Daily Reading & Meditation

Sunday (June 26):  "No one who looks back"

Scripture: Luke 9:51-62

 51 When the days drew near for him to be received up, he set his face to go to Jerusalem. 52 And he sent messengers ahead of him, who went and entered a village of the Samaritans, to make ready for him; 53 but the people would not receive him, because his face was set toward Jerusalem. 54 And when his disciples James and John saw it, they said, "Lord, do you want us to bid fire come down from heaven and consume them?" 55 But he turned and rebuked them. 56 And they went on to another village. 57 As they were going along the road, a man said to him, "I will follow you wherever you go." 58 And Jesus said to him, "Foxes have holes, and birds of the air have nests; but the Son of man has nowhere to lay his head." 59 To another he said, "Follow me." But he said, "Lord, let me first go and bury my father." 60 But he said to him, "Leave the dead to bury their own dead; but as for you, go and proclaim the kingdom of God." 61 Another said, "I will follow you, Lord; but let me first say farewell to those at my home." 62 Jesus said to him, "No one who puts his hand to the plow and looks back is fit for the kingdom of God."

Meditation: Are you surprised to see two of Jesus' disciples praying for the destruction of a Samaritan village? The Jews and Samaritans had been divided for centuries. Jewish pilgrims who passed through Samaritan territory were often treated badly and even assaulted. Jesus did the unthinkable for a Jew. He not only decided to travel through Samaritan territory at personal risk, but he also asked for hospitality in one of their villages!

Jesus faced rejection and abuse in order to reconcile us with God and one another
Jesus' offer of friendship was rebuffed. Is there any wonder that the disciples were indignant and felt justified in wanting to see retribution done to this village? Wouldn't you respond the same way? Jesus, however, rebukes his disciples for their lack of toleration. Jesus had "set his face toward Jerusalem" to die on a cross that Jew, Samaritan and Gentile might be reconciled with God and be united as one people in Christ.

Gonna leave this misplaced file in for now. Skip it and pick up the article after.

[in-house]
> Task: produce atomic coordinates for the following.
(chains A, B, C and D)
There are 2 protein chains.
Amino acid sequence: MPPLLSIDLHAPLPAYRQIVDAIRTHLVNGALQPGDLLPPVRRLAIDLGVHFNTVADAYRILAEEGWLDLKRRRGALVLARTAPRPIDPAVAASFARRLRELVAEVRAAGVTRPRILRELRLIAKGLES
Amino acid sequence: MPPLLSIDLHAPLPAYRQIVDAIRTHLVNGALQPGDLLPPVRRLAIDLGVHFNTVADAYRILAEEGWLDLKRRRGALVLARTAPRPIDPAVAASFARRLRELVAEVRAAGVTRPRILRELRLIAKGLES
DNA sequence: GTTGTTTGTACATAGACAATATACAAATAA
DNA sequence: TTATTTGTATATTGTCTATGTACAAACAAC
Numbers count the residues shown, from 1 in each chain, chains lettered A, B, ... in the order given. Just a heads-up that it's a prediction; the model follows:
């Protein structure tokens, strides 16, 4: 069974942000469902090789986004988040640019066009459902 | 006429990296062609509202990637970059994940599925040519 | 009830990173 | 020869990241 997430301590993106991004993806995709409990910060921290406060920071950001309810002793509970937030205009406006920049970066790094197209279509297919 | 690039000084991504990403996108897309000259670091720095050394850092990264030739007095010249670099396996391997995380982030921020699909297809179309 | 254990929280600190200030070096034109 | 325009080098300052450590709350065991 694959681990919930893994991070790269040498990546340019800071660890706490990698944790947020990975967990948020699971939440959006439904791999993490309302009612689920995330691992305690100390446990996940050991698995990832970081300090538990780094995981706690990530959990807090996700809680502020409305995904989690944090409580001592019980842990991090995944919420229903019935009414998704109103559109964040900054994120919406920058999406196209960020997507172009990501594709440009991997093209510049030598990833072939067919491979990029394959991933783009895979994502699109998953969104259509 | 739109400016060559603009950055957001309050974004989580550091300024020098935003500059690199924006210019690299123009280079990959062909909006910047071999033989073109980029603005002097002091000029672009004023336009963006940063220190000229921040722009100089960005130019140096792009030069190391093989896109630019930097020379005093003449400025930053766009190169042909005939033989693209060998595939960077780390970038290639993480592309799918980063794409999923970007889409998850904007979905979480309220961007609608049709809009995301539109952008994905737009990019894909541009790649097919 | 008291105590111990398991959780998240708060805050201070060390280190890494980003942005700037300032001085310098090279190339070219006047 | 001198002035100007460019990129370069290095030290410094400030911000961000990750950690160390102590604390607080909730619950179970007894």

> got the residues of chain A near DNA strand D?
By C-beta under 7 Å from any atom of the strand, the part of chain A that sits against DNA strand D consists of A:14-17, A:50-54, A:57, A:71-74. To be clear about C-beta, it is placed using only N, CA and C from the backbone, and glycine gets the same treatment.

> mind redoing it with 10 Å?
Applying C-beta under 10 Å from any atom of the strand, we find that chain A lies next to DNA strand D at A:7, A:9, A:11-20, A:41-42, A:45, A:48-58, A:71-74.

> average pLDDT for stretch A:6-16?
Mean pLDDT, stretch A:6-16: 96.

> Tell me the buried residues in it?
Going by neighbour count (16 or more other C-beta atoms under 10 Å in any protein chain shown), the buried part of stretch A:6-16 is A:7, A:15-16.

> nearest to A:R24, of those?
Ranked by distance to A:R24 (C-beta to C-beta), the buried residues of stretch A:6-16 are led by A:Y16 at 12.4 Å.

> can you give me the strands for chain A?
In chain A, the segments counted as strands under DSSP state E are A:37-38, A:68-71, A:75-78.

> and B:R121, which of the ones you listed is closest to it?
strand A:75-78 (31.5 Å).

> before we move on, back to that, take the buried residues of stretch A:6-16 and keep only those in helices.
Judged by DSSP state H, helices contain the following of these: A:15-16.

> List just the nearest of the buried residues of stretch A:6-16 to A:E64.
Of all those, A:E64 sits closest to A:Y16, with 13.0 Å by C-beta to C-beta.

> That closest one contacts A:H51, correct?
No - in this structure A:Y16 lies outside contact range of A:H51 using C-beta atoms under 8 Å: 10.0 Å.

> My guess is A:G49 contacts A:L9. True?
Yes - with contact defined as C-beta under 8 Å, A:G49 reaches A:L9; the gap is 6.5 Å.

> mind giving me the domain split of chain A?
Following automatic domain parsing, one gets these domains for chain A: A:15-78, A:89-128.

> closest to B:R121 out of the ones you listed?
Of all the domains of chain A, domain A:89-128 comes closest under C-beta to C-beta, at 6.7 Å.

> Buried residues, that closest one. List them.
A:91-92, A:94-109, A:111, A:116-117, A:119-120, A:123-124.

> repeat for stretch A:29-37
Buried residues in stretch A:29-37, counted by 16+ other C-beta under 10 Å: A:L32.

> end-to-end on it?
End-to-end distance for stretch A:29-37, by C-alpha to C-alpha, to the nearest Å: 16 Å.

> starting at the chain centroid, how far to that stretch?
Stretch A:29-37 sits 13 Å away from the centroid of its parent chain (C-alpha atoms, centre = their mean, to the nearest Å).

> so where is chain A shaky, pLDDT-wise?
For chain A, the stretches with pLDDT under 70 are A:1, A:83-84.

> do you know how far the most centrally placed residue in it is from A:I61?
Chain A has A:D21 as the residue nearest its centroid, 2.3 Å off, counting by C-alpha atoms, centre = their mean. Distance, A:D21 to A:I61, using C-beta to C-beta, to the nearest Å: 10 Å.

Jesus seeks our highest good - friend and enemy alike
Tolerance is a much needed virtue today. But aren't we often tolerant for the wrong thing or for the wrong motive? Christian love seeks the highest good of both one's neighbor and one's enemy. When Abraham Lincoln was criticized for his courtesy and tolerance towards his enemies during the American Civil War, he responded: "Do I not destroy my enemies when I make them my friends?" How do you treat those who cross you and cause you trouble? Do you seek their good rather than their harm?

Jesus explains the cost of following as his disciple
When the Lord calls us to follow him he gives us the grace to put aside everything that might keep us from doing his will. Loyalty to Jesus requires sacrifice, letting go of my will for God's will. A would-be disciple responded by saying, I must first go and bury my father, that is, go back home and take care of him until he died.   Jesus certainly did not mean that we should refuse to care for others, especially our parents in their old age. His startling statement, however, made clear that God must always be first in our lives. If we love him above all, then everything else will fall into its proper place and time.